Commissions are bespoke box developments with you and your team. So far, boxes have been made to support oral history collection, collaboration with artists, gathering community response, enhancing education/outreach, and broadening reach of collections.

Commissioning Institutions

Have a look at the commissions we’ve made so far.

How do commissions work?

Broadly speaking, making a Museum in a Box consists of:

  1. Selecting objects
  2. Digitising objects
  3. Creating content for each object
  4. Producing that content
  5. Printing objects
  6. Creating the container box
  7. Building and configuring the Brain
  8. Delivering the box

The cost of each commission is derived from the box’s contents, who will produce what, and how objects will be printed. Once we understand what will be in the box that we can determine production cost.

What our partners say

Featuring Abira from London Metropolitan Archives, John from Jewish Museum London, and Caroline from GOSH Arts (collaborator on our London Borough of Camden commission)

The best thing about the box was that you could touch everything, so you could feel it, because I think that’s better than just being able to look at everything.”

who used our British Museum box

“This democratises the experience of art.”

Collaborator on the Camden box

“We couldn’t be happier with the results, and the Museum in a Box team were fantastic throughout the making process. Their creative advice and practical expertise have been invaluable and the final product has exceeded our expectations.”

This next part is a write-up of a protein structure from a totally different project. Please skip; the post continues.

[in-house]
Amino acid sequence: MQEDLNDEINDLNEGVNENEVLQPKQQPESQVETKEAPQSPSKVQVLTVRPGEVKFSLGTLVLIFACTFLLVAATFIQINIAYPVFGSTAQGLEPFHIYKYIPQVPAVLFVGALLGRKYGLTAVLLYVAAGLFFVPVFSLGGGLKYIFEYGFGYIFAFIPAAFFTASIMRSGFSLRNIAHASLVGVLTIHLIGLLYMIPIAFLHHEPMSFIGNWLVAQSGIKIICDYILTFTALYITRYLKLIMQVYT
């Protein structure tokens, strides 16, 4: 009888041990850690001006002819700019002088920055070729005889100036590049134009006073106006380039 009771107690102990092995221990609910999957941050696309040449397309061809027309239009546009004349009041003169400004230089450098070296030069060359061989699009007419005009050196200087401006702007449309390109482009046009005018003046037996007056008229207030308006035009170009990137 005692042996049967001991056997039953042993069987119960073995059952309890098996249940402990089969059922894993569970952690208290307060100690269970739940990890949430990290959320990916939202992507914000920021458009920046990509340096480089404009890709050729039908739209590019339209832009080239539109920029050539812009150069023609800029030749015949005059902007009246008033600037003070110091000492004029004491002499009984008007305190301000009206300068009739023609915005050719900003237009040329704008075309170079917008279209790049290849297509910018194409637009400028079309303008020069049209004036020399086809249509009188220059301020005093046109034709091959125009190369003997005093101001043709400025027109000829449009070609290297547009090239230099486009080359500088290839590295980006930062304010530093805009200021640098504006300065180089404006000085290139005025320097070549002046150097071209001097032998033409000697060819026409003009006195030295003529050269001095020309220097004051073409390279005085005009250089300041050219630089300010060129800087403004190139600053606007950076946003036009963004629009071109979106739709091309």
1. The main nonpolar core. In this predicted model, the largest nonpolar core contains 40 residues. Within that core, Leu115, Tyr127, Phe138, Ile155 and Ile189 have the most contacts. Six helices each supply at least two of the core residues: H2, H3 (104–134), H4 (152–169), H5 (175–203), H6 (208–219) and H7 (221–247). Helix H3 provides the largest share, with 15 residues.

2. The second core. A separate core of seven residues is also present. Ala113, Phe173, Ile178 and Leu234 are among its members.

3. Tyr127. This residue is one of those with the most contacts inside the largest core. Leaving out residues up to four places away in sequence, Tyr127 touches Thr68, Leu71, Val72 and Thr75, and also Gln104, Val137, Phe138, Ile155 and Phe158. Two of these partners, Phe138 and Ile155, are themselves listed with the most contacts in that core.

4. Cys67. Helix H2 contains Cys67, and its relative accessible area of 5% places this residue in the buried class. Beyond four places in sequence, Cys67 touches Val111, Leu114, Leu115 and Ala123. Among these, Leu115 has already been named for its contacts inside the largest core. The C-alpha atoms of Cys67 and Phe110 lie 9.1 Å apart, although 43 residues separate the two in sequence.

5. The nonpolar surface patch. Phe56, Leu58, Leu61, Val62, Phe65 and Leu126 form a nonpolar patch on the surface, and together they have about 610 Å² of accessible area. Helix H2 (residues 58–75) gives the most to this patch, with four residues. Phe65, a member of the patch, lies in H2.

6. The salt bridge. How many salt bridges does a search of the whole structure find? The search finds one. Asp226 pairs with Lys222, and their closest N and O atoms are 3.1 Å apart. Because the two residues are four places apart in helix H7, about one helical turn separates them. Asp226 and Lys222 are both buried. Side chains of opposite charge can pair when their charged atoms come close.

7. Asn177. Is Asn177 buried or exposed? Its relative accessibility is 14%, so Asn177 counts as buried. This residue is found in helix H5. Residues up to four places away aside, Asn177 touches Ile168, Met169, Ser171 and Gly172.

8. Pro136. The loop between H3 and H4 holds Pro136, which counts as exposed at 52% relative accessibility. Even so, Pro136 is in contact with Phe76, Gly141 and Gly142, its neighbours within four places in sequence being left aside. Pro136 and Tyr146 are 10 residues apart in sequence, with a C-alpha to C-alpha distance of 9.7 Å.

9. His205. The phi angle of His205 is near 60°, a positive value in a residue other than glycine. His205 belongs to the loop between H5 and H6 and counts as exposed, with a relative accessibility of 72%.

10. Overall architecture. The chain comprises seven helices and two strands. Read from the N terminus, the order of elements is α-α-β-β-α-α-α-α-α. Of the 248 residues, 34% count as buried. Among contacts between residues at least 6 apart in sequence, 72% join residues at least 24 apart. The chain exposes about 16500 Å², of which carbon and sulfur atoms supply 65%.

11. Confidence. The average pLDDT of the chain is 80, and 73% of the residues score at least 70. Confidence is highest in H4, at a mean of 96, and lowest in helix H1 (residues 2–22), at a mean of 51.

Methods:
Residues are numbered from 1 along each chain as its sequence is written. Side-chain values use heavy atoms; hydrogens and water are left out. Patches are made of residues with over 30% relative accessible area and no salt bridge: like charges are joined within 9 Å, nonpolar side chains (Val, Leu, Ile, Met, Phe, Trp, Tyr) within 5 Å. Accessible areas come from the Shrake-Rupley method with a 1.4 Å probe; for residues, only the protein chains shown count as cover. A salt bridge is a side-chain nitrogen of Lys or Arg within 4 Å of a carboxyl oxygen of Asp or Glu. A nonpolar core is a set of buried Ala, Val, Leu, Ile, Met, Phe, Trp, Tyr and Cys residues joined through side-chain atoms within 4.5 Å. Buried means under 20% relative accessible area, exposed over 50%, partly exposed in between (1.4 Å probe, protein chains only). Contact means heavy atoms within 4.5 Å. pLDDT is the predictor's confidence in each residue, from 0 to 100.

Jewish Museum London

“The Smithsonian Libraries’ rich collections serve as a trusted resource to the scholarly community, but we have fallen short in disseminating knowledge to a wider and younger audience. Therefore, the Education Program has created a classroom resource, I See Wonder, to uncover our collections and frame them with context and questions that promote discovery and the desire to learn. Through the web-based platform, the student’s experience can only go so deep. In partnership with Museum in a Box we are able to bring the content off the screen and into people’s hands. Thanks to the box’s Brain, the visual, literary, tactile, aural, and digital elements transform I See Wonder and the classroom into a sensorial learning experience—sharing the Smithsonian Libraries’ collections with a new audience and fostering meaning making for students of all ages.”

Smithsonian Institution Libraries


We’ll happily discuss a commission with you at any time, so if you’re interested, please send us your Expression of Interest!